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No One Cares About Software Quality

No one cares about software quality anymore. I mean, yes technically that is untrue and there are demonstrably some people who do, but for the most part, quality software has become a niche luxury1 while the most commonly-used software has become a slow, laborious cesspool.

I just had the misfortune of using the new Google Groups for the first time and died a little on the inside. The first thing I noticed (besides the egregious amount of pixels wasted on whitespace) was that they broke copy-and-paste. Let me explain:

I send an email with a specific format to a group every week. Every week, I could copy the content from my previous email (which had the latest iteration of the tweaks and boilerplate content) and paste it into a new email compose window and just change the relevant bits of content. Not anymore — try doing that with the new groups and the pasted result is a deeply-indented mess complete with a blue border on the left (weird, right?) and half a printed forest’s worth of newlines at the bottom. Sigh. Undo, paste-as-plain-text, manually reapply all my formatting.

The list of conversations used to have infinite scroll, and now it doesn’t. One of the nice micro-interactions you can do with a tall list of content is to scroll the next row into place and then click it, rather than having to move the mouse to it and then click it. Sounds like a tiny difference, but if you actually try it, the former is meaningfully easier to maneuver and pull off than the latter. Combined with the two-finger swipe gesture to navigate back and it was a pretty quick way to go through all the conversations in a group2. With a sufficiently-tall screen and no infinite scrolling, this interaction no longer works.

And then it took me a while to realize why half my clicks on the conversation list didn’t seem to be working. It turns out, you have to be careful where exactly you click. Each row in the list is 44 pixels tall, but the clickable area is only 20 pixels tall. Half the cell is literally wasted space.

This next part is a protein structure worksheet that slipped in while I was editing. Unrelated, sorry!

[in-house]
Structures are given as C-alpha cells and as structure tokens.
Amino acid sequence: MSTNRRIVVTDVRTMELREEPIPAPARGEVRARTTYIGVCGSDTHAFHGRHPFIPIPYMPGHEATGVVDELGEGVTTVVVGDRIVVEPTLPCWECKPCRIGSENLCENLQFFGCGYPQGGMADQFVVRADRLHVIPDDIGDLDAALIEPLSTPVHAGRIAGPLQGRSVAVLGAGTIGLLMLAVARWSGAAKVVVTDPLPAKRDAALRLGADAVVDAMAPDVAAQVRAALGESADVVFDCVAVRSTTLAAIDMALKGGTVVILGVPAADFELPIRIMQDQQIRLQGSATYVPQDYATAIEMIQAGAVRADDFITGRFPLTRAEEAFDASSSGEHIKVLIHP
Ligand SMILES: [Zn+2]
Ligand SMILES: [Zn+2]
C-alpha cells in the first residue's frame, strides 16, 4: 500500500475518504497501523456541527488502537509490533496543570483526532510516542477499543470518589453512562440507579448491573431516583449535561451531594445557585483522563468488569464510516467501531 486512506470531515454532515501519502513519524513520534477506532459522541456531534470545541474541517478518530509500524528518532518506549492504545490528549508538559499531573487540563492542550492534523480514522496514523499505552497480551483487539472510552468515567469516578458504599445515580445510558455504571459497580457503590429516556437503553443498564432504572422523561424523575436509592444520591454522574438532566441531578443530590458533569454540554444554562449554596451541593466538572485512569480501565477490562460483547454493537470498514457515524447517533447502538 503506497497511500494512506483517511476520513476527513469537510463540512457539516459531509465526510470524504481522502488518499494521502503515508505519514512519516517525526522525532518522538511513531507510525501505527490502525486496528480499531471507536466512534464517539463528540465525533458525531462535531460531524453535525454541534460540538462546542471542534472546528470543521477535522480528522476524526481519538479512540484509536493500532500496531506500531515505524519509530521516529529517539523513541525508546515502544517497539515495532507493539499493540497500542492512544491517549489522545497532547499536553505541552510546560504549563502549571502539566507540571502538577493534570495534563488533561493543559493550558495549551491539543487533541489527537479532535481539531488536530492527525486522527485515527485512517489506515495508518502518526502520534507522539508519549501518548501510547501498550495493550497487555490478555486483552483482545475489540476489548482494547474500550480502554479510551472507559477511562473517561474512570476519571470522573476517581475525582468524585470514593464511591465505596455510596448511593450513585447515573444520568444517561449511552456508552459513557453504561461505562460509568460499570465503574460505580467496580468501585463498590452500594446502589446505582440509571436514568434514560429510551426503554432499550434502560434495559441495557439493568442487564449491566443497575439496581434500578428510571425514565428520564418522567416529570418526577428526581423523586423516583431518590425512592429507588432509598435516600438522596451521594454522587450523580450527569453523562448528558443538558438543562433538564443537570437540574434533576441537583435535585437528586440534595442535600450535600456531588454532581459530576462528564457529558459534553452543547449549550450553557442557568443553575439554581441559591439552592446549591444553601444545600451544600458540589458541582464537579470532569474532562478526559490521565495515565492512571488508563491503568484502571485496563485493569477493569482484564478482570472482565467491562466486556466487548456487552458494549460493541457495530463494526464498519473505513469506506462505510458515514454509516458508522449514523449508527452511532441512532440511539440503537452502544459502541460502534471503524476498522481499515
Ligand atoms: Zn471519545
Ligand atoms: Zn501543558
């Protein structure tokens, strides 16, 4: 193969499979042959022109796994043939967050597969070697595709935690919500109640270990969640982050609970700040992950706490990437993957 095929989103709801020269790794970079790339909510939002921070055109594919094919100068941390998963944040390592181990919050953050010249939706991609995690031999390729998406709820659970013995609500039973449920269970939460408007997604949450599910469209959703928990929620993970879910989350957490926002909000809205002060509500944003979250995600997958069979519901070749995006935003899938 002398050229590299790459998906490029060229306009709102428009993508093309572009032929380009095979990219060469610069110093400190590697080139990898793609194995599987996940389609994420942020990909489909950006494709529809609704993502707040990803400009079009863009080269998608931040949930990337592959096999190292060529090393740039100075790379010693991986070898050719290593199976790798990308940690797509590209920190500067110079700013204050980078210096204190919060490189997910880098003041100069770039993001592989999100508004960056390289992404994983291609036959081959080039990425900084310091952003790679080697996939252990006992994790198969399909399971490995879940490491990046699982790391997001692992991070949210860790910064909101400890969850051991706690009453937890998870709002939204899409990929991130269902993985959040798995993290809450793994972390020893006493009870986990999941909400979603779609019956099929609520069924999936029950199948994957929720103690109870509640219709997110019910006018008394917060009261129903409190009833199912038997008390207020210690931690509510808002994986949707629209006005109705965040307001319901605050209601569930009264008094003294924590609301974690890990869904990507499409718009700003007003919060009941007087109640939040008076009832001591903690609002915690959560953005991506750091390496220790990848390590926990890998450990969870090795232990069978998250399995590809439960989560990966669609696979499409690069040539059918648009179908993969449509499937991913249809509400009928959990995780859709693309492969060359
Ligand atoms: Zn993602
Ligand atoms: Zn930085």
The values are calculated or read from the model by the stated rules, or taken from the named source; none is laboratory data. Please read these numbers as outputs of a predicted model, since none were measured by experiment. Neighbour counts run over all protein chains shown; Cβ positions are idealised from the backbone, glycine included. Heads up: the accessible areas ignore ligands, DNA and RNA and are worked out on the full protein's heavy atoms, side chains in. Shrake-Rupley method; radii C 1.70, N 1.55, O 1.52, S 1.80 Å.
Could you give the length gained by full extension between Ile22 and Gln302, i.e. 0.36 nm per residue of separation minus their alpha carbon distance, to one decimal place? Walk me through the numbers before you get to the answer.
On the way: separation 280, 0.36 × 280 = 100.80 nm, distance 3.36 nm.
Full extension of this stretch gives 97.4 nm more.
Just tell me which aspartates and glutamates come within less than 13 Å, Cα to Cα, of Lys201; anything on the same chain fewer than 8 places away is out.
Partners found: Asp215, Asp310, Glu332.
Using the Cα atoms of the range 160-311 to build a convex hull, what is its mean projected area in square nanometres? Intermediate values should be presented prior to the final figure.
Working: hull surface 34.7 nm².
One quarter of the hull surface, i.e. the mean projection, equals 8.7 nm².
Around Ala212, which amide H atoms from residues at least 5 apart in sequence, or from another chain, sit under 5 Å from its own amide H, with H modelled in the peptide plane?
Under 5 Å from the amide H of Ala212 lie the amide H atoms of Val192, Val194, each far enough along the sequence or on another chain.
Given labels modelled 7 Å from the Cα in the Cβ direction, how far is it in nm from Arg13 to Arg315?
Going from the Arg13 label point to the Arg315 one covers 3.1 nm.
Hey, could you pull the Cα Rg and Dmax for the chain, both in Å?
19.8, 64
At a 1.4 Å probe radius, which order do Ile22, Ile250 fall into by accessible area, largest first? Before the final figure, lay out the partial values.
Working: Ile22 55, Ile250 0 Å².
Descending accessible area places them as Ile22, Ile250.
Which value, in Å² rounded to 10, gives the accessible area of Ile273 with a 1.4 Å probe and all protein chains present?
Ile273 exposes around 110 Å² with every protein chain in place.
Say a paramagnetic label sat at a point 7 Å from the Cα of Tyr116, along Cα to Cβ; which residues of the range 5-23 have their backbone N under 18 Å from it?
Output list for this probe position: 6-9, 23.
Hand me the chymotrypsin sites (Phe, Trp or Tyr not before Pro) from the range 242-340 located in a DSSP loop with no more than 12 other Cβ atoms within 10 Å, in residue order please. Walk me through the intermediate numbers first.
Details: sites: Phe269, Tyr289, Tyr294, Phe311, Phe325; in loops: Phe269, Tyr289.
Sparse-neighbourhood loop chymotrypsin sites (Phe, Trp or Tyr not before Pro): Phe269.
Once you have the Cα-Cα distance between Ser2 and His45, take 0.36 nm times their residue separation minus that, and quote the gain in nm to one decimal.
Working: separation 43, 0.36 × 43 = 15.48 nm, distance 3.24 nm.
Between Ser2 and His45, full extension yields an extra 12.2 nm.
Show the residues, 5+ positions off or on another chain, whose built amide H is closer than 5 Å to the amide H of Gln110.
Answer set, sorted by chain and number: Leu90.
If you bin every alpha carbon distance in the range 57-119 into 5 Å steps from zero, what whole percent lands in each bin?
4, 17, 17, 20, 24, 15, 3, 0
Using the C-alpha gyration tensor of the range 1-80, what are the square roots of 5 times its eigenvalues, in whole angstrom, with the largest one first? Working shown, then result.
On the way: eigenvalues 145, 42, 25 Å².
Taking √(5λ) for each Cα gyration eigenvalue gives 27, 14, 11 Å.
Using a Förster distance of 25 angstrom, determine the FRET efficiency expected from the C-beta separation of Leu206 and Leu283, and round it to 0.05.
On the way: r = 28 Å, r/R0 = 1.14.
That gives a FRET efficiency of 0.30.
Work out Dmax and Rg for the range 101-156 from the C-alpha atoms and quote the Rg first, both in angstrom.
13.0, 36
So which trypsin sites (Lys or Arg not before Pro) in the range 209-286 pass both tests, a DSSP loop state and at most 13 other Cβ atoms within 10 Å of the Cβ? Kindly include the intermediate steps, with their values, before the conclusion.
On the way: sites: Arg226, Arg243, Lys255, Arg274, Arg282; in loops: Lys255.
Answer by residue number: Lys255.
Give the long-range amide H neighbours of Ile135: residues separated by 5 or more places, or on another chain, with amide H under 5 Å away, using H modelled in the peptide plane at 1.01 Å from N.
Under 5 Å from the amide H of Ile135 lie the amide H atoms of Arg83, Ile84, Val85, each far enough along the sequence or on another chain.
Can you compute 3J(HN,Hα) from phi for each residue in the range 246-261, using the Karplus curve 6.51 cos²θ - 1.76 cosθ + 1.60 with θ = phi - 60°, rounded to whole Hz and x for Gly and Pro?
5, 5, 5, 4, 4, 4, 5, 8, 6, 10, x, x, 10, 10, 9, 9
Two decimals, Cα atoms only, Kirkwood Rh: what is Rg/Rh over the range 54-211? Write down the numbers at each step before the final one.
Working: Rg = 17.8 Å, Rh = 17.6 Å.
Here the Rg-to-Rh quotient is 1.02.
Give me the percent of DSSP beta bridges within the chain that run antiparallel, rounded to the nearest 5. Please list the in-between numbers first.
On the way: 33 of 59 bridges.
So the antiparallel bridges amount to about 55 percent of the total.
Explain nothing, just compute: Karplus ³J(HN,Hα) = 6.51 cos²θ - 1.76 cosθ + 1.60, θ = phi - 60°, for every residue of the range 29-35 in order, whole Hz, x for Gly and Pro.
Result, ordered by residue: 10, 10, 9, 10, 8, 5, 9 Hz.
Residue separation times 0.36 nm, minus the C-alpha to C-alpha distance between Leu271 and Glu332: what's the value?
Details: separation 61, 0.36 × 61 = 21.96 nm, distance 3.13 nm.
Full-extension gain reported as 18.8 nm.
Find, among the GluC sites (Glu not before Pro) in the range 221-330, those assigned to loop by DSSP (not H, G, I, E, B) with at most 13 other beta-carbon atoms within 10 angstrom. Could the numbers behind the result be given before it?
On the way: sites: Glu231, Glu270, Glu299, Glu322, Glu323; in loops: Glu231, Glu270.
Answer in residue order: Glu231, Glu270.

The list goes on.

At face value these are infinitesimally-trivial problems. So I have to wiggle my finger a bit more, big deal3.

But my bigger point is that I think these are symptoms of chronic, pervasive problems with the way we develop and interact with software. Messing up my formatting upon copy-and-paste is a data-corruption bug, but we don’t think of it this way. Imagine if every time you copied something, half the letters would just come out randomly scrambled. That would more likely be noticed as a bug (hopefully!) and fixed. It’s just that we don’t really think about the formatting as part of the content because it’s not a reliably reified part of the common computing experience. In other words, we have lots of existing software that reliably mangles formatting → we learn to distrust software’s ability to preserve formatting → we start ignoring it → no one notices when they build software that mangles formatting, and the loop perpetuates. You can’t test for a regression if it doesn’t even cross your mind to test for it.

Above all that, I get the feeling that the median vocabulary of interactions with computers is shrinking. I see so many people who’s entire computing experience is laboriously moving the mouse, clicking on buttons, and maybe poking ⌘C and ⌘V. For knowledge workers who spend half their waking hours using a computer, that’s akin to being a professional athlete who never visits the gym. And if the median computer user uses computers entirely by mousing around, they’ll design software that is meant to be used entirely by mousing around, and that’ll force others to learn that software is meant to be used by mousing around, and the loop perpetuates. In such a world, of course no one writes a test or QA script to make sure copy-and-paste doesn’t mangle formatting, because, well, who does that anyway?

  1. See Superhuman — $30/month for keyboard shortcuts and software that just isn’t slow.

  2. Of course I know about keyboard shortcuts. In this case, part of my workflow in each conversation involved a part of the UI that, as far as I could tell, wasn’t accessible by keyboard shortcuts. So I had to use the mouse, and if I was going to do that I wanted to figure out the fastest way to do it with a mouse.

  3. People with RSI might contend this is, in fact, a big deal.